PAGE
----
This weekend we had the privilege to train with Iain Abernethy, expert in kata bunkai. Last time he was here we went through some of the bunkai found in the five Pinan and Naihanchin Shodan. This time he showed us bunkai for the entire Kushanku Dai and Bassai Dai kata!
During the weekend we learned a lot about different types of arm and wrist locks, how to get out of grabs and also a few throws. Most things we learned were incorporated in drills where we avoided attacks, locked the arm, and how to make the attacker incapacitated.
On Saturday we went through the whole Kushanku Dai kata with all its nifty bunkai, some really fancy ones, and some very brutal ones! I had the opportunity to learn to walk through the kata beforehand so that it would be easier to recognise the techniques we were doing. This really helped me understanding the kata and the drills we were doing.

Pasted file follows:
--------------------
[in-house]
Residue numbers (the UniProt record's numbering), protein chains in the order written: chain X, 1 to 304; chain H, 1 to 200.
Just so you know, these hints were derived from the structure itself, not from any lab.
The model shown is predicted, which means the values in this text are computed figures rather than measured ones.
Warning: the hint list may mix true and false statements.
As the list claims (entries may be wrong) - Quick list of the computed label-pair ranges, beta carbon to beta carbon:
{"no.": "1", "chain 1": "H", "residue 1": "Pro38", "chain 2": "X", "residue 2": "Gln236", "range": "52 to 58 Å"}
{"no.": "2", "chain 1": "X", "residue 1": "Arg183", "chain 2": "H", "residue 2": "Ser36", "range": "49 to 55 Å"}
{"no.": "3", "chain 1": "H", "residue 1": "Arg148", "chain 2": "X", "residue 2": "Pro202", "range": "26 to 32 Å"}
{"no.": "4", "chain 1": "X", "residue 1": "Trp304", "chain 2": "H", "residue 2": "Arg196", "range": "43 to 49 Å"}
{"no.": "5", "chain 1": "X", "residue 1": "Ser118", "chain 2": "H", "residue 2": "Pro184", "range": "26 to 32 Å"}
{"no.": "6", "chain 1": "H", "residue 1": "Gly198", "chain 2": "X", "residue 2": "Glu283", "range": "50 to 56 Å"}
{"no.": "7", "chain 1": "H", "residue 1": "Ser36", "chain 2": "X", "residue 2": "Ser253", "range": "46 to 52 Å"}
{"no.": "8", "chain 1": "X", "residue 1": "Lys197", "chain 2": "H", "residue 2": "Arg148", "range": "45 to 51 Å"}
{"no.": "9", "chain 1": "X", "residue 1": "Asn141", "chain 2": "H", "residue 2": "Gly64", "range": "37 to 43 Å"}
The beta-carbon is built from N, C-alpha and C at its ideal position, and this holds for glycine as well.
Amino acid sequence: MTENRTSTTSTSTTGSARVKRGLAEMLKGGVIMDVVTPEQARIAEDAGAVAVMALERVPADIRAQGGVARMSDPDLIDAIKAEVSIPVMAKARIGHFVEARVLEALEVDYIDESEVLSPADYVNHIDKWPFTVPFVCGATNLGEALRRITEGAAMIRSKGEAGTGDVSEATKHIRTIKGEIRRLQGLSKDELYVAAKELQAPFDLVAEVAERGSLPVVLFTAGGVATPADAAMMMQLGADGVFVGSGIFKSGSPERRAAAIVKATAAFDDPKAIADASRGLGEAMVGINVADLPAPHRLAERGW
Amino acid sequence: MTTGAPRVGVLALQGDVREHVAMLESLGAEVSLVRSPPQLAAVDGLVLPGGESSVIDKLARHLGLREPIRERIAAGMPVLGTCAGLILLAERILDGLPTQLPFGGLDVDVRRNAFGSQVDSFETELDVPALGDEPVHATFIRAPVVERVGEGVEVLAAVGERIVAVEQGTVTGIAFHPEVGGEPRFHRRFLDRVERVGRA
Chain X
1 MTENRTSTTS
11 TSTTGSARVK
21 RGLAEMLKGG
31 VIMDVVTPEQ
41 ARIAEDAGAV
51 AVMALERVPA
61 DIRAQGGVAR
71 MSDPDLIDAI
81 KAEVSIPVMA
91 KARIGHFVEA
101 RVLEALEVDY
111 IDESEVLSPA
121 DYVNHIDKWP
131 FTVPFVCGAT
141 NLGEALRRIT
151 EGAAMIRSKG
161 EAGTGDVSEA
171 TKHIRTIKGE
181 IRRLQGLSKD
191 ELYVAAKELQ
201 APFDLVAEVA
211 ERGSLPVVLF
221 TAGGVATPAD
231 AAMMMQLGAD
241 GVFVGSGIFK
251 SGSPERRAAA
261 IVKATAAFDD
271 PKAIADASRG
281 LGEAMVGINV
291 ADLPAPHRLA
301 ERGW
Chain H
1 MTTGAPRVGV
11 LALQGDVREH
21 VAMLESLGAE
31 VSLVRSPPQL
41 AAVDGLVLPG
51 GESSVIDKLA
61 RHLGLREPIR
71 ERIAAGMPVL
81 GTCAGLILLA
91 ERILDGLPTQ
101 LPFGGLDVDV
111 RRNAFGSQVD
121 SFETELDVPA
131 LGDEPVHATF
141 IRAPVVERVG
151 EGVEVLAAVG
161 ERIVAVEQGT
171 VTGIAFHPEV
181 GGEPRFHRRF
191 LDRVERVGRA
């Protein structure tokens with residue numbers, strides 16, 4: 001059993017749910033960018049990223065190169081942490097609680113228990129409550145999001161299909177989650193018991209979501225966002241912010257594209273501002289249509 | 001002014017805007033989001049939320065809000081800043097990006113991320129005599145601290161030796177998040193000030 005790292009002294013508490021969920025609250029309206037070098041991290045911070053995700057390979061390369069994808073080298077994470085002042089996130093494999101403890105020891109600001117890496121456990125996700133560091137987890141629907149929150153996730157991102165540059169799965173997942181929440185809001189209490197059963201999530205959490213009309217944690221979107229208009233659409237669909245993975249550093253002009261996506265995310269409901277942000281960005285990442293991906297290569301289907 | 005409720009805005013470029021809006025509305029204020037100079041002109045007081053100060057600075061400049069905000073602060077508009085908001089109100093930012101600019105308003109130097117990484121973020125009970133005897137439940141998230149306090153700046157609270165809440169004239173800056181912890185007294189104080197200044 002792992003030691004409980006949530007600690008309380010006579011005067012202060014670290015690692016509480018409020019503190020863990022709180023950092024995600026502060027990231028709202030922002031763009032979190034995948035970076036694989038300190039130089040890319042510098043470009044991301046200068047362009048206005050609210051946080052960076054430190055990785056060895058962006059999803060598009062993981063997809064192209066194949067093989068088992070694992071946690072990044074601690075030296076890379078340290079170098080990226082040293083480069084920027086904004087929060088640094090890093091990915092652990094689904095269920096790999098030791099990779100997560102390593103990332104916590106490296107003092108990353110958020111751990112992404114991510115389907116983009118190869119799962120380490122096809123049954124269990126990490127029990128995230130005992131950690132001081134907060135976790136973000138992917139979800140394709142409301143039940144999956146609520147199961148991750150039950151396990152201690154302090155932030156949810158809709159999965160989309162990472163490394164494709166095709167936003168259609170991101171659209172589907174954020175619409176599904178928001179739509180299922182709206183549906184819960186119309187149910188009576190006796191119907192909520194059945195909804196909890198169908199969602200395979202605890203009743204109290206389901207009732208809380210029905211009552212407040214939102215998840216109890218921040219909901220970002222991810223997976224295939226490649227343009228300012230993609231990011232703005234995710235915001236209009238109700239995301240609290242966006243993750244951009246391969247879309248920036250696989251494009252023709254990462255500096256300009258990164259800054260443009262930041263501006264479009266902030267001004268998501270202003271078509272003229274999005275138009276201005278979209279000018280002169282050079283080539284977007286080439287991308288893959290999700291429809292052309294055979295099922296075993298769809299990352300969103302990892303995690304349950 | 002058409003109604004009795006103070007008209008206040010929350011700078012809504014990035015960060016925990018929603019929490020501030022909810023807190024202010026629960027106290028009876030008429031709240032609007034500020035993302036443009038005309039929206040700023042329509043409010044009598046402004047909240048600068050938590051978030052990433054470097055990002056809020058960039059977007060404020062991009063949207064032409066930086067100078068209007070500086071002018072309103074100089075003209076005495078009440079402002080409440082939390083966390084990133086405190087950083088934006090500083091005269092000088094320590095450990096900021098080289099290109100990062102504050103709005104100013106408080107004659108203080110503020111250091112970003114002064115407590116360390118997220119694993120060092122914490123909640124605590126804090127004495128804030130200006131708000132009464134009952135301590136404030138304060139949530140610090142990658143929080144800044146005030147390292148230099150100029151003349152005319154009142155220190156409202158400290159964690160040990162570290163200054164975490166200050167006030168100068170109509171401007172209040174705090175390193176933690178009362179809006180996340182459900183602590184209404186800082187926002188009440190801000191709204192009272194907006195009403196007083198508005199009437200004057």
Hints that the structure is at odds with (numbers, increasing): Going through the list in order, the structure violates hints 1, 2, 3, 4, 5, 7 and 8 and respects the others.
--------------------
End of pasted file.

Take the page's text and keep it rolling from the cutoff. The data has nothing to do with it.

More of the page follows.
During the evening we socialised over dinner at an Indian restaurant down town.
Sunday was all about Bassai Dai, one of my favorite kata to perform. We learned some interesting history about the name. Many of us thinks it means "To storm a castle", but actually no one knows the meaning of the name. That's just what the kanji means to make up the sounds of the name Bassai Dai. So the original meaning of the name is lost in history. Many of the techniques that are in Kushanku Dai are also in Bassai Dai, so it was a bit easier for both mind and body to go through the techniques.
We got a lot of information and learned many drills and useful techniques. It's really hard to remember everything, but some things stuck to my mind that I want to practice on and also teach others in the club. On this seminar I was the only one representing the club, so I have the responsibility to bring my new knowledge back to everyone else!
Picture by: Sofia Danielsson